Posted by The Bowdoin Group on October 9th, 2018
Originally written on LinkedIn in partnership with Paul Manning (Managing Director, Software & Technology) at The Bowdoin Group.
The biggest difference between whether an organization needs a CFO or could stick with a VP of Finance role generally lies in the complexity of the business and where it is on its growth trajectory.
What is the Difference Between a VP of Finance and a CFO?
Let’s start by laying out the distinctions between the two roles.
VPs of Finance often have a hands-on role in managing a company’s finances. They are rolling up their sleeves and putting controls in place, making sure payroll is done on time, and managing the balance sheet. Often, they are a CPA who may have experience as a Controller.
CFOs, on the other hand, are more involved in the strategic financial future of a firm. The role is less about accounting and more about how to reach longer term goals. They are thinking about (and acting upon) what it takes to get businesses to the next level financially – whether that is by raising capital, making acquisitions, or growing organically.
To put it simply, we often say that a VP of Finance works with the numbers and the CFO works beyond them. This is not always true—some VPs of Finance are playing the role of a CFO and vice versa. That being said, when organizations are considering the two positions, we lay out these distinctions to give them the best shot at finding the right candidate in a tight talent market.
We connected with Sean Bridgeo, former CFO & SVP of Operations at TimeTrade, to help illustrate the difference between the two roles in practice. He has been both a VP of Finance and a CFO in his career. He explains that “As a VP of Finance, you’ve got both hands in the operations of a business. You’re a subject matter expert on all things finance and forecasting. CFOs, on the other hand, understand the debits and credits, but can tell the financial story of the organization. As a CFO, you’re thinking through what strategic decisions mean from a financial perspective and plotting the course for the company alongside the CEO.”
But what if both skill sets would be beneficial for your organization? How do you choose?
Case Study: How a SaaS Company Made the Call
One of our clients, a $10m PE-backed SaaS provider made an interesting decision. The company had been bootstrapping its financial systems and standards for nearly a decade, and although it had served them well to date, things would need to change in order for them to grow. The PE firm was looking for someone who could get the company on track financially, but (like any PE firm) the ideal candidate would position the business to fast track from $10 to $50 million.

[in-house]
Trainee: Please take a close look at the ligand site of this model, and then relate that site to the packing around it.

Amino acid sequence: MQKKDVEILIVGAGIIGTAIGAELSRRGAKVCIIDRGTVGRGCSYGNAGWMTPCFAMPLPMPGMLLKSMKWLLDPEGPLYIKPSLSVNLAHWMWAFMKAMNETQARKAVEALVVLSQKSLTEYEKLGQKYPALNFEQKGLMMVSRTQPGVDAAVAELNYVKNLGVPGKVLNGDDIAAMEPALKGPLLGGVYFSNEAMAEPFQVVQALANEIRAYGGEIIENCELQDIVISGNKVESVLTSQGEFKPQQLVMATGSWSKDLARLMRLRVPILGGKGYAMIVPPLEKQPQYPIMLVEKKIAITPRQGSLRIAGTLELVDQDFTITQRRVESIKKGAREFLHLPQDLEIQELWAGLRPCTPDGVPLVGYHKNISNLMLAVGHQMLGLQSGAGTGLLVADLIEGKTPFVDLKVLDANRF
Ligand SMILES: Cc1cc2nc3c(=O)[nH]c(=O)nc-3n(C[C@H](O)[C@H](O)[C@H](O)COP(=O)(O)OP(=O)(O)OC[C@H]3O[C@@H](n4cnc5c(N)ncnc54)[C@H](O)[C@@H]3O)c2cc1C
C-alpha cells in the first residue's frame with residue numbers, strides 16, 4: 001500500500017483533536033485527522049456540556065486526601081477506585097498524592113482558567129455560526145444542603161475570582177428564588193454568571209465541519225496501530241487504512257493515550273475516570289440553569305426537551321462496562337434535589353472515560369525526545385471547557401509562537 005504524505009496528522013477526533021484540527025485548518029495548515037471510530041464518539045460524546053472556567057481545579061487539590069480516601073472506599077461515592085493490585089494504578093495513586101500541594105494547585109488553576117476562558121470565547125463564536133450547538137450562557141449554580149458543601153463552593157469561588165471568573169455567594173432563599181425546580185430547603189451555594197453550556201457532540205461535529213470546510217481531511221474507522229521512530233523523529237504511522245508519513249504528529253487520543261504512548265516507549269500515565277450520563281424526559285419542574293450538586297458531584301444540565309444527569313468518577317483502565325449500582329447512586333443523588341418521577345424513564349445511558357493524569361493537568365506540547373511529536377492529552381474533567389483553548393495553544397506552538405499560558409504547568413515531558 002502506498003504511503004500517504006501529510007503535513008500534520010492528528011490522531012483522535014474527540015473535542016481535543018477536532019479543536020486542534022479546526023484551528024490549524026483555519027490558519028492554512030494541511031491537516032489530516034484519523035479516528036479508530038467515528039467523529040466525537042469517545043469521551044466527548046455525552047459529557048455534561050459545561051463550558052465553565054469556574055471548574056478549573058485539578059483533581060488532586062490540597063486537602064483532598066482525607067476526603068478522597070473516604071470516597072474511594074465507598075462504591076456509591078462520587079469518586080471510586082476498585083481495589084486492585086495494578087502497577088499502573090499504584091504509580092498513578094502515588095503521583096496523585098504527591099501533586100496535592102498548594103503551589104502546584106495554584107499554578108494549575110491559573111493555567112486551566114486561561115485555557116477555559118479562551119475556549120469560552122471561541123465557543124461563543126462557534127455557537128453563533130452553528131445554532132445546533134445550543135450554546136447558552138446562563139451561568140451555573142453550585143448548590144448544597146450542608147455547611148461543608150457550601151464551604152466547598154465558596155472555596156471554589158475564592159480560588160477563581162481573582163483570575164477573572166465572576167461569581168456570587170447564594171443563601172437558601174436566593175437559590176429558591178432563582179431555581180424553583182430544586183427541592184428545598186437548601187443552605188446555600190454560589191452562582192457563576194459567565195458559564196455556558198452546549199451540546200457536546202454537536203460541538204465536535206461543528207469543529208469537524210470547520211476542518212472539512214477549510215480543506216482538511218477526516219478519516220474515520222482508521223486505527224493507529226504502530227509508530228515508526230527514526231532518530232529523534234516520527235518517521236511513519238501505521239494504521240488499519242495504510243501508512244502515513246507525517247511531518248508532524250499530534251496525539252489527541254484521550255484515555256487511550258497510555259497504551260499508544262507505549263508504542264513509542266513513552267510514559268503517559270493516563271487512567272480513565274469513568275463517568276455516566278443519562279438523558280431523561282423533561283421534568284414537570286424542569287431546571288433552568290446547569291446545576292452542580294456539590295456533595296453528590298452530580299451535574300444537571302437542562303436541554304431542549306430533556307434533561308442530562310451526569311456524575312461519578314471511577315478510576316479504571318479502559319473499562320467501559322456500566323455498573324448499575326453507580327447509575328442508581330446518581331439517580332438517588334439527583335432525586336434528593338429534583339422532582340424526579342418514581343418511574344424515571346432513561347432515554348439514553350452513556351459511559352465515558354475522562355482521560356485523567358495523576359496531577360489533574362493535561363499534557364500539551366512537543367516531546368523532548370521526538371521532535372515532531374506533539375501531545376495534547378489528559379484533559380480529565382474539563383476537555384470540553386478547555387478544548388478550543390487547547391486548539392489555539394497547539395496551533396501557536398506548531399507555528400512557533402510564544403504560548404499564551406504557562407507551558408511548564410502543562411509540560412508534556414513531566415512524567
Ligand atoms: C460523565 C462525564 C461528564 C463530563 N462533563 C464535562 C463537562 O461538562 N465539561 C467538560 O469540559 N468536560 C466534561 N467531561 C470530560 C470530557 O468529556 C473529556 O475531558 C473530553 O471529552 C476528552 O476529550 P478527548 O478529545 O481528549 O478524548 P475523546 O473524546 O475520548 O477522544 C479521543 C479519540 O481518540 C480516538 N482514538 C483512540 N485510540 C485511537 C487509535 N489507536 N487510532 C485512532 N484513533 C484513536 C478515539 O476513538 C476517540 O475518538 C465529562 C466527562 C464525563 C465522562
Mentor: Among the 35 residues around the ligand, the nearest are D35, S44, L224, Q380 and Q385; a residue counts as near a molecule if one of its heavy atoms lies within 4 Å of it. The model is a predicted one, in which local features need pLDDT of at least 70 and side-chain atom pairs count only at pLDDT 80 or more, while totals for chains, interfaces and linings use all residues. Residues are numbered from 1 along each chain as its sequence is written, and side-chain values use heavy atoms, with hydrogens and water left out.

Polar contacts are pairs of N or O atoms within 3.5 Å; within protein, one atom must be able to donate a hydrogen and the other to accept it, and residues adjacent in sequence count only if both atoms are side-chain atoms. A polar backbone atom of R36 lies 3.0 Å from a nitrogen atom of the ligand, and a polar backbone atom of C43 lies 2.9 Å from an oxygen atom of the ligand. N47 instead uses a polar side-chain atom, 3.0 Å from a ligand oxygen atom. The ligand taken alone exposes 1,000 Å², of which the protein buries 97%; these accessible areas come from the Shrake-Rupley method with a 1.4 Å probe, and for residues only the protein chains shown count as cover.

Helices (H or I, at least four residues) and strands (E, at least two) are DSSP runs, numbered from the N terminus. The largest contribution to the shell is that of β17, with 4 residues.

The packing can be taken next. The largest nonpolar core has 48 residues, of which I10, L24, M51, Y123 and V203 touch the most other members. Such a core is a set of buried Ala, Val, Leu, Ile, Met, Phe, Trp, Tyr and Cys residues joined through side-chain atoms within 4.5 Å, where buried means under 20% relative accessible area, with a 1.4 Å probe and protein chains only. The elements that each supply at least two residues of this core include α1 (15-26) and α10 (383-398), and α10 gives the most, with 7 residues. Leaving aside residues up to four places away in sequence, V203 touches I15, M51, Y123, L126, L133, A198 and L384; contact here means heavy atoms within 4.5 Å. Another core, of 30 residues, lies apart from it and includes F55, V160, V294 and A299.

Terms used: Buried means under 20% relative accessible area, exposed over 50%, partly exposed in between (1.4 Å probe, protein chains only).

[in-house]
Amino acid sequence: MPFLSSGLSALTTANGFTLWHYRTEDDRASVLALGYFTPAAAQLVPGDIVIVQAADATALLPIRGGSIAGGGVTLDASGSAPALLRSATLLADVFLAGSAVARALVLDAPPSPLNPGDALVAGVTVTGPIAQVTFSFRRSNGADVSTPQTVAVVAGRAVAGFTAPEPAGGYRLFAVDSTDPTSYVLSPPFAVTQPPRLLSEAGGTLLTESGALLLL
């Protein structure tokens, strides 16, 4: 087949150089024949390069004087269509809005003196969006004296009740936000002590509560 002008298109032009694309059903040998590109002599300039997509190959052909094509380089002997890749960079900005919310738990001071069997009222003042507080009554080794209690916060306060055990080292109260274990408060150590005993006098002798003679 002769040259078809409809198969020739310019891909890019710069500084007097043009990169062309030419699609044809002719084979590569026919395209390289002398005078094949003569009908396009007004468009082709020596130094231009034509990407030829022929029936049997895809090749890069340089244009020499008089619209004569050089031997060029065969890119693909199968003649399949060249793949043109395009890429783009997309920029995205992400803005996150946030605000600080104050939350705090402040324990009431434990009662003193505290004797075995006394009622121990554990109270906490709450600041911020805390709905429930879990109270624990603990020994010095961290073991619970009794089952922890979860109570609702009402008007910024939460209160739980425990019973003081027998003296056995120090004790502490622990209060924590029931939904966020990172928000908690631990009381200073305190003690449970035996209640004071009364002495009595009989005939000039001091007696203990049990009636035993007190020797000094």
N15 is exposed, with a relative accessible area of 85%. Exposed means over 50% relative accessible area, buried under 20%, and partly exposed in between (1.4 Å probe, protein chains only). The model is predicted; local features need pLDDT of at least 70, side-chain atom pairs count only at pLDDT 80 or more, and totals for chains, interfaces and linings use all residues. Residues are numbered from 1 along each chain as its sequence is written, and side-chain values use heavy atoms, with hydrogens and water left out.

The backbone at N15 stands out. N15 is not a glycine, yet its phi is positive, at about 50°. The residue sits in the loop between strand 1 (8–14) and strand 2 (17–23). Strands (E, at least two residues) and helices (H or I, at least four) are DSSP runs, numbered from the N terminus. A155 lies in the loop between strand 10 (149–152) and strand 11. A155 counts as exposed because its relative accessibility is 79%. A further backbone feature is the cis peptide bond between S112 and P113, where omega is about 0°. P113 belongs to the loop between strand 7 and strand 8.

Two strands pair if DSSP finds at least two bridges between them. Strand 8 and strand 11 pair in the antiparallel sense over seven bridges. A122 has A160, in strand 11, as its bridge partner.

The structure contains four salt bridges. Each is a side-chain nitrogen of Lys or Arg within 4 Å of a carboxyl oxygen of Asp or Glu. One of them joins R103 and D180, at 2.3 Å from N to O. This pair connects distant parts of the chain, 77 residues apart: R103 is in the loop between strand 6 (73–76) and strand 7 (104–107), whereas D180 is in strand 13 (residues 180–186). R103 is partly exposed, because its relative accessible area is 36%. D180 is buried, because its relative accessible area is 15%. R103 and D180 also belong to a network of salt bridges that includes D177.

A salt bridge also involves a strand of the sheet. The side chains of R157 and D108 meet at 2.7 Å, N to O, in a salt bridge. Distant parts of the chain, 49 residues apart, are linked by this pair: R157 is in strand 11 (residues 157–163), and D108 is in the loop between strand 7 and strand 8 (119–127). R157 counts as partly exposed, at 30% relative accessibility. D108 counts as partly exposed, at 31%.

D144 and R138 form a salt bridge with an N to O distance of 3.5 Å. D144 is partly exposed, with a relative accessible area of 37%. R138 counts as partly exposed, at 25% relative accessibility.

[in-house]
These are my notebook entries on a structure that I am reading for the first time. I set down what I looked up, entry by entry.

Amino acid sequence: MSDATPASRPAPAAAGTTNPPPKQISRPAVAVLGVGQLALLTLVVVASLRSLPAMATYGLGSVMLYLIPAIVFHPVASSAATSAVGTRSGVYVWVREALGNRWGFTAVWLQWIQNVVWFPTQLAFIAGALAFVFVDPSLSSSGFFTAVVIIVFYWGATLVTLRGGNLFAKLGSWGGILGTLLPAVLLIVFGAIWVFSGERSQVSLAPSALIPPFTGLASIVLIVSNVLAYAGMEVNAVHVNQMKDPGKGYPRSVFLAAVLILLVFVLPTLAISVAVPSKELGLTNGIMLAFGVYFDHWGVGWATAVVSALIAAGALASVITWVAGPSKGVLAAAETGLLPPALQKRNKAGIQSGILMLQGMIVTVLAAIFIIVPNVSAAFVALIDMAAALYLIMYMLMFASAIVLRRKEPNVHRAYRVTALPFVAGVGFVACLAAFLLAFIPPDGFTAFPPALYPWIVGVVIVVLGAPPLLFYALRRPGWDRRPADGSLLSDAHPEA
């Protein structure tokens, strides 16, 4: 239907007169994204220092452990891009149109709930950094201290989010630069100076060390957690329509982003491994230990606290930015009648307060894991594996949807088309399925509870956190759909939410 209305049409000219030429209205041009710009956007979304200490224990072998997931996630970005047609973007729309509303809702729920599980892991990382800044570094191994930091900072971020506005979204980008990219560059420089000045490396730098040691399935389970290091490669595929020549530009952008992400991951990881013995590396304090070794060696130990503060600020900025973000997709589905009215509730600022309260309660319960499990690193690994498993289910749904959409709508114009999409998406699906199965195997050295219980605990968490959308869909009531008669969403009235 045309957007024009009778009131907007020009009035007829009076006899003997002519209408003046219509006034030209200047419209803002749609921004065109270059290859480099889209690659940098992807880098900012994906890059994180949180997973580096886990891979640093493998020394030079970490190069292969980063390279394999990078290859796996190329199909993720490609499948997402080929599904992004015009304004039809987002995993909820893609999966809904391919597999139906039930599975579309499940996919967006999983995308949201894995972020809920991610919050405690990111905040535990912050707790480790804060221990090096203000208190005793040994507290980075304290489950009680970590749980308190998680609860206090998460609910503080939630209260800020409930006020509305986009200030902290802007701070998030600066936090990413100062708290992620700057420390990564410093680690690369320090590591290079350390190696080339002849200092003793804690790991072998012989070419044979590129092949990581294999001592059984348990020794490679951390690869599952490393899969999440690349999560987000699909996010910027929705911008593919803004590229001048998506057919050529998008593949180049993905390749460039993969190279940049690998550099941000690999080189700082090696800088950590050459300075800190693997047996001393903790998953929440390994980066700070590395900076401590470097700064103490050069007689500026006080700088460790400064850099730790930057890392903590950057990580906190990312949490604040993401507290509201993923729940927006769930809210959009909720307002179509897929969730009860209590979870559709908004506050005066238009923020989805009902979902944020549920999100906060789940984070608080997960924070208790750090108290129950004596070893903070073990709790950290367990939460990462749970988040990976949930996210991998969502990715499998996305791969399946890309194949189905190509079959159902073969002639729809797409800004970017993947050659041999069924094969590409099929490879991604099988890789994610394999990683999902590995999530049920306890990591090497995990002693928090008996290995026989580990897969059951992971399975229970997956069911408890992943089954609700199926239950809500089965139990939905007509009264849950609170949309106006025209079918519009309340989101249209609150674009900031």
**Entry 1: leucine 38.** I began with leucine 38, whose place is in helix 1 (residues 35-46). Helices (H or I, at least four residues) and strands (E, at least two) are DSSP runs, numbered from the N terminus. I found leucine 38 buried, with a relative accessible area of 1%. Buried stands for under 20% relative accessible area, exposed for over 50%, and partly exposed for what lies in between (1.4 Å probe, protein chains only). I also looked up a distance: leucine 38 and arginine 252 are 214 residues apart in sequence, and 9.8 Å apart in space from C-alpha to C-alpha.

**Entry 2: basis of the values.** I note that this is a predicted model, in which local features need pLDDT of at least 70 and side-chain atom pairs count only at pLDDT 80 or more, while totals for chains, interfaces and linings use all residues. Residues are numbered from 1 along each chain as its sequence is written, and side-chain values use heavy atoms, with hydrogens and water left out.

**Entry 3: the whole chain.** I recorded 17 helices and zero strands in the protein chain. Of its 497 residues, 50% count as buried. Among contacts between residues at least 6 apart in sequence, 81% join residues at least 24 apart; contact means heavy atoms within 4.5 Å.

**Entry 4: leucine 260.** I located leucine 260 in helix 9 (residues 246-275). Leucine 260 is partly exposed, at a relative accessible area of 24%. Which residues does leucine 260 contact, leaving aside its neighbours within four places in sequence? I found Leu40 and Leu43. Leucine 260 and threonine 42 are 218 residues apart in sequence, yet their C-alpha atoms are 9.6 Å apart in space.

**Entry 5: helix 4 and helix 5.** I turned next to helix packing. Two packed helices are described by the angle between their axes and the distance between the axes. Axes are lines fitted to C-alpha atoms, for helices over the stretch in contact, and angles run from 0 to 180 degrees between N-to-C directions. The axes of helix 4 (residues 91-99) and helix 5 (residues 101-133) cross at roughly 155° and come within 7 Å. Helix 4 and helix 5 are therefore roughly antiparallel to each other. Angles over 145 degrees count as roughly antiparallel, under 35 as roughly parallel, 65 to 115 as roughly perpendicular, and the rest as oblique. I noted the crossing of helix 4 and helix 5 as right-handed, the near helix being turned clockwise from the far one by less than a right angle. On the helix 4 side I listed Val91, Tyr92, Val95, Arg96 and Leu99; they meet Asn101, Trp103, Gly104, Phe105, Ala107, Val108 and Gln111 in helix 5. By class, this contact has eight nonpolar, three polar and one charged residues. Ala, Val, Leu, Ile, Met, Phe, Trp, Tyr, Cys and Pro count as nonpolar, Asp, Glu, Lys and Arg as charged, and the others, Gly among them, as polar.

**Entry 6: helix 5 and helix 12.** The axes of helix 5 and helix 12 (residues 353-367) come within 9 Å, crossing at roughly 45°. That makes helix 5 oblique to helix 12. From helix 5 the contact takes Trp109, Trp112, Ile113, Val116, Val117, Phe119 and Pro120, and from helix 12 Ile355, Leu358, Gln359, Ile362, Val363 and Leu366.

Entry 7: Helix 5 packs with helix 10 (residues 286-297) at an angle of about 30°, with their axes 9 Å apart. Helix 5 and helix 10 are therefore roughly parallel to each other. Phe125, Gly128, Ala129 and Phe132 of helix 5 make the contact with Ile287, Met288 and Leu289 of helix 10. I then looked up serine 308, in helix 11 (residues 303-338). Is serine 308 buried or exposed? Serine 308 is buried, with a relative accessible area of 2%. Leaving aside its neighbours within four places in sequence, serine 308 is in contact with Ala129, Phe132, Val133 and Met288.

Within a short time, we had found an excellent candidate. This individual had an undergraduate degree in accounting, received an MBA at a prestigious university, worked at one of the big four accounting firms, on Wall Street, and for a startup that was acquired by a PE firm. Upon meeting the candidate, the executive team agreed that this person was “a perfect match.”
Their challenge was that the candidate had the accounting chops to be a VP of Finance and the experience growing and selling a business to be a CFO. While they had found the right person, upgrading this individual from a VP of Finance to a CFO was not as straightforward as a simple title change. To get the go ahead to upgrade, they needed board approval, more funds, and the kind of work that would make the title legitimate.
So, which role did they choose?
The answer was in their growth plans. The company was considering some significant acquisitions. If any of them occurred, they would need this person’s brainpower as a CFO, not as a VP of Finance. They needed the candidate to think beyond the numbers.
The good news is that two of these acquisitions have happened in the ninety days since the candidate’s hire, so they made the right call.
To “Sum” It Up
If you’re trying to make this call for your business, Bridgeo says, “You’ll want to hire a CFO if you’re going through hyper growth or if you need someone to interpret the numbers (not just process them). That role is especially important if you’re looking to do something in capital markets – raising money, buying companies, or selling companies.”
What we’ve found is that in some cases, organizations already have a Controller in house who can step into the role of VP of Finance. Other organizations are two years away from needing a CFO, so while they need someone to be thinking more strategically, there are other priorities that need to be taken care of first.
When the time is right, ask yourself: Do you need someone who works with the numbers or beyond them?
Does this align with your experience with VPs of Finance and CFOs?
If you want to take this a step further, read our blog post on the different skillsets of VC- and PE-backed CFOs.